Dr. David Hirschfeld, Junior Assistant Resident in Medicine, Jewish Hospital of St. Louis; and Assistant in Medicine, Washington University School of Medicine: A 62-year-old white woman was referred to this hospital in October 1968 for evaluation of Paget's disease, which was initially diagnosed by x-ray film in 1961 during intravenous pyelographic studies. The patient remained asymptomatic until 1963 when pain in the left side of the pelvis and left upper leg was noted. These symptoms have persisted with variable intensity to the present time. In 1967 the patient was subsequently seen at another institution and on two occasions received intravenously administered radioactive phosphorus therapy (sodium phosphate P32) for the complaints. In each instance, the administration of the isotope was apparently associated with symptomatic improvement of the bone pain. The patient denied any history of bone fracture or renal calculi.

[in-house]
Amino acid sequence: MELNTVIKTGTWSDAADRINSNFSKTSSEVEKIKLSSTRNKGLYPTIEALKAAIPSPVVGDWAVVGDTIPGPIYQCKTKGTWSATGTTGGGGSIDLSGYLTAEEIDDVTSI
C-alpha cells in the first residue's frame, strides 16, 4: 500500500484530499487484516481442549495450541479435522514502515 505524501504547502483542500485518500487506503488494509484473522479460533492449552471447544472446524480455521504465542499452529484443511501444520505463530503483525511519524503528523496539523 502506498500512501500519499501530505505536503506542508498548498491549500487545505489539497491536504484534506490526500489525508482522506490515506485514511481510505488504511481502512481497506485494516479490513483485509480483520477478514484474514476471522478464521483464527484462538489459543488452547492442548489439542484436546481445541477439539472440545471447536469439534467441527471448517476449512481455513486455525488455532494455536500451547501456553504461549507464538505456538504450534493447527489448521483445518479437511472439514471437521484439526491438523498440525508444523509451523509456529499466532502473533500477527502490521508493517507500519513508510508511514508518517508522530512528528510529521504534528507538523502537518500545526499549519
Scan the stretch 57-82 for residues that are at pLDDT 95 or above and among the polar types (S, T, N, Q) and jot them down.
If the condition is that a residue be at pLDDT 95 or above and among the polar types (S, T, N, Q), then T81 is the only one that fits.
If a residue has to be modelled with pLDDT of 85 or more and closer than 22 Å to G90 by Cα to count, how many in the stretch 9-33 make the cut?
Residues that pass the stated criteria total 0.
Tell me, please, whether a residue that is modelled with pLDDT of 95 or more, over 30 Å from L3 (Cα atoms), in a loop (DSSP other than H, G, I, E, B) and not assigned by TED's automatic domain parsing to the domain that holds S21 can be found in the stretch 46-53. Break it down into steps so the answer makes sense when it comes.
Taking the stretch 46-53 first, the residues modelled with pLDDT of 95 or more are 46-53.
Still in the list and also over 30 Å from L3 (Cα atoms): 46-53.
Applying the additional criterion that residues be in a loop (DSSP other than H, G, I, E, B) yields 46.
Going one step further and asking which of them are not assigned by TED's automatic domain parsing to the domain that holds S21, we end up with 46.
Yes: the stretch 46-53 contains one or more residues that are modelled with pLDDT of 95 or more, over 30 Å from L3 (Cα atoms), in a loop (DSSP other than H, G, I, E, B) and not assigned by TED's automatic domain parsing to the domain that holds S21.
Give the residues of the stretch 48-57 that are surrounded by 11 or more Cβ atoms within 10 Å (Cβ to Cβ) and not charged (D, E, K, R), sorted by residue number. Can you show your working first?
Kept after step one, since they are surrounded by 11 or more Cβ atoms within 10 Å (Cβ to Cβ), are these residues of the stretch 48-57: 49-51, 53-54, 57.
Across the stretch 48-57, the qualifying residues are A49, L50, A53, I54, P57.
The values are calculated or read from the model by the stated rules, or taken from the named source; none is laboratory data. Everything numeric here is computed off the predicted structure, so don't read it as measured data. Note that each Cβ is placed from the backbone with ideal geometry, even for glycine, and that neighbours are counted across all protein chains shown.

Physical examination revealed a middle-aged woman in no acute distress. Pulse